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Our newest book review of Karen An-Hwei Lee’s collection of poetry Phyla of Joy is here.

Guest Editorial:

Tom Kelly 

Literature is Not Quite Dead

But unless you’re a member of the writing community or the abnormally pro-active reader who dedicates hours to parsing through literary magazines, it might as well be. Think about it. How many living writers of merit garner any serious attention with the public? Sure, once or twice a year casual readers discover a “new,” living author, then proceed to ogle at and celebrate said person as if he or she were a dinosaur thought to be long extinct. A fifth of these people might read said writer’s Pen/Faulkner or Pulitzer-winning book. A third may purchase it. Most will share an NPR article recapping the event via social media and google interesting facts about the writer’s personal life which they will inevitably divulge to a friend or potential romantic interest whom they are trying to impress over dive bar conversation: Can you believe this brand new writer Donna Tartt pledged to a sorority in college? Disclaimer: Donna Tartt is hardly a blossoming flower. She has written actively for decades, making her about as new to the literary world as, say, the band Pearl Jam is to the music scene. But for some anomalous reason, your not-so anomalous reader thinks her fresh out of the artful oven.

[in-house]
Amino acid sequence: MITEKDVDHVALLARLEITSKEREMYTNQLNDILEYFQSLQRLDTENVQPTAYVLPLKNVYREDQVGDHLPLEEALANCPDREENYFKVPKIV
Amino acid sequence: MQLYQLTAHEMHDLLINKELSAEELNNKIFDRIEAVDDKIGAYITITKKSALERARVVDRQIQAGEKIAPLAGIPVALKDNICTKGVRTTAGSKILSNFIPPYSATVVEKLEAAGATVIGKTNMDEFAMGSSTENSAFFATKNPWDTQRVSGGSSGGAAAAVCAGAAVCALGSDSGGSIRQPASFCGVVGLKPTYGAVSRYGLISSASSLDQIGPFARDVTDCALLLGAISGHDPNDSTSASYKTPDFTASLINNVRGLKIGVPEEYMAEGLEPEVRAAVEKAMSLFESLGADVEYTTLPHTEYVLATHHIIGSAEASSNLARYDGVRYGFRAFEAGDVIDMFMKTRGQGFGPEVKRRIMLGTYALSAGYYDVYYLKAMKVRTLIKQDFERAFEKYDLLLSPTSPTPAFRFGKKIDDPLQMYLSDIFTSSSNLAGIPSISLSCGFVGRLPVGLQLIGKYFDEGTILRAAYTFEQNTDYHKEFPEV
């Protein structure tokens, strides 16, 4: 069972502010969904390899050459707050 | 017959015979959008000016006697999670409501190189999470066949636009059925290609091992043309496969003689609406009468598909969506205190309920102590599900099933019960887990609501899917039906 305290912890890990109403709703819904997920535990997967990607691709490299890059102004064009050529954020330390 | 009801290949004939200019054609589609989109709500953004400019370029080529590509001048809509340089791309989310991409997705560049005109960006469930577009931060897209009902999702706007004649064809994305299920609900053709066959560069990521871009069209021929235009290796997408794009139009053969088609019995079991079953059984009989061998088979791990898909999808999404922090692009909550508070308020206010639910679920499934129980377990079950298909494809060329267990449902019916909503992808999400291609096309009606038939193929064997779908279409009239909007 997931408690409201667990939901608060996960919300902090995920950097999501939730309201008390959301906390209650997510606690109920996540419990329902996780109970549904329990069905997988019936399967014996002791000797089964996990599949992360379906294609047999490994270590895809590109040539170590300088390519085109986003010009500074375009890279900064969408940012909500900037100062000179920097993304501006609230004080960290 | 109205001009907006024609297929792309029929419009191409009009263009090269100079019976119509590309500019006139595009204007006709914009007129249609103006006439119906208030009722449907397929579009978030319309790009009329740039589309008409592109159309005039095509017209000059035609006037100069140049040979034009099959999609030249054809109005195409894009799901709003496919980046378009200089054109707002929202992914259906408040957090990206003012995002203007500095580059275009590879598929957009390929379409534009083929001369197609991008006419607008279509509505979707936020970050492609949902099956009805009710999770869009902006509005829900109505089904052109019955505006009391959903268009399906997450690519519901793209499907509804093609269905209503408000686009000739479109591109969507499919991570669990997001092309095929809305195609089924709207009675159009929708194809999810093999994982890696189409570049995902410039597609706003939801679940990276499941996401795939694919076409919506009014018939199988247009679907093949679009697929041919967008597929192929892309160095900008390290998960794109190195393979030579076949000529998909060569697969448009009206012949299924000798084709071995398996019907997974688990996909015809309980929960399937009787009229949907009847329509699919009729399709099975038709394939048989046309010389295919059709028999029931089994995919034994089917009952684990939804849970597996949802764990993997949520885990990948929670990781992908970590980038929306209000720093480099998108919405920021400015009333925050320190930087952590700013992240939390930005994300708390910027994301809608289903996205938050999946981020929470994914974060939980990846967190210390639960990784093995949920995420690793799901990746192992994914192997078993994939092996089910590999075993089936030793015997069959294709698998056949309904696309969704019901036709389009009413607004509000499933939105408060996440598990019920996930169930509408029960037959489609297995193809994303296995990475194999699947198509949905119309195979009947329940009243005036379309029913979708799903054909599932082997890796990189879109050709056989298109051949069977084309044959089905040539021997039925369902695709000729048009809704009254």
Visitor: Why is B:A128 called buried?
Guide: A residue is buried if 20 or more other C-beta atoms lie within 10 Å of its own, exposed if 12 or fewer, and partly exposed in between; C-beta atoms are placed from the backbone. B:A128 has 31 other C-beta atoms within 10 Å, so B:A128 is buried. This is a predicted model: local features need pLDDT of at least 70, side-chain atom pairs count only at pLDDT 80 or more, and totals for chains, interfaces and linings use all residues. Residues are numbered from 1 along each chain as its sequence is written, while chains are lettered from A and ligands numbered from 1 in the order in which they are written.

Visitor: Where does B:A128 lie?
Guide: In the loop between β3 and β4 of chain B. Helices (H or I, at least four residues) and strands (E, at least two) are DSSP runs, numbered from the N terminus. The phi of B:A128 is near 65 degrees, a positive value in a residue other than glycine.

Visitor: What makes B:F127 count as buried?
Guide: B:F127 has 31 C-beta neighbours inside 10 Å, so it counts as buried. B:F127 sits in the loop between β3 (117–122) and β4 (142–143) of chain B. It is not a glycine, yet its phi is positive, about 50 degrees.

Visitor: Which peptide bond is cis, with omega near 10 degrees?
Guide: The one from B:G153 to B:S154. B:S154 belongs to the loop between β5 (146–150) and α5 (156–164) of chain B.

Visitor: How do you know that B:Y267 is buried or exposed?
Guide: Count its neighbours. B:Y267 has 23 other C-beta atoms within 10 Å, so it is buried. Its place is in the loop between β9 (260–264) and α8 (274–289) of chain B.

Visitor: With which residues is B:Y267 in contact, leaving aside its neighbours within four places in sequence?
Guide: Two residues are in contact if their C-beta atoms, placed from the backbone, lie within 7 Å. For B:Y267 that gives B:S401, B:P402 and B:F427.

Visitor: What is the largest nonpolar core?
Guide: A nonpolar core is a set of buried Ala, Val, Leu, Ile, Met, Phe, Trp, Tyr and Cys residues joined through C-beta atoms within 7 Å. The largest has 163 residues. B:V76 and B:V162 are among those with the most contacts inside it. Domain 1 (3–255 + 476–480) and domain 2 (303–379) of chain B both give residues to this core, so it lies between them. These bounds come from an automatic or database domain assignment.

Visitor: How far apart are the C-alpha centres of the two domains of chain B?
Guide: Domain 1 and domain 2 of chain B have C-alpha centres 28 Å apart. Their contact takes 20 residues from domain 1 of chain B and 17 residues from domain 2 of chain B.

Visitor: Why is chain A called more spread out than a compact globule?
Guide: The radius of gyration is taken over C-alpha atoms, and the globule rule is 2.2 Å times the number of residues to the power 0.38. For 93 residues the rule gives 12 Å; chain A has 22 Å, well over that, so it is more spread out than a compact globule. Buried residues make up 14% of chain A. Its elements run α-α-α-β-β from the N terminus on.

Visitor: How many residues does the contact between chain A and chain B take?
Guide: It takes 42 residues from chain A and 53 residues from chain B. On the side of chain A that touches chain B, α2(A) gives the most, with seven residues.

As both a creative writing MFA poet and a twenty-something member of the hip community, I can’t help but feel partially responsible for this warped attitude towards, and treatment of, living authors accomplished or not. My place in society as a poet and student finds me actively involved in supporting and endorsing writers who work tirelessly: crafting new material, soliciting manuscripts, busting ass to promote published material that will (hopefully) supplement their income. But my role as, and fulfillment of, the hipster archetype in an artsy neighborhood regularly places me in grab ass interface about “literature” where my attempts at steering discourse to more timely works get steamrolled by either the diehard beatnik craze or pretentious and asinine Proust fetishizing. Consider this: a youthful subculture that prides itself on being edgy, progressive, intelligent, and actively engaged with what’s relevant; yet, to most of them, the literary world is a dusty, leather-bound brothel where people go to suck dead white dudes’ dicks. (Well at least it’s ironic and that’s what counts, right?)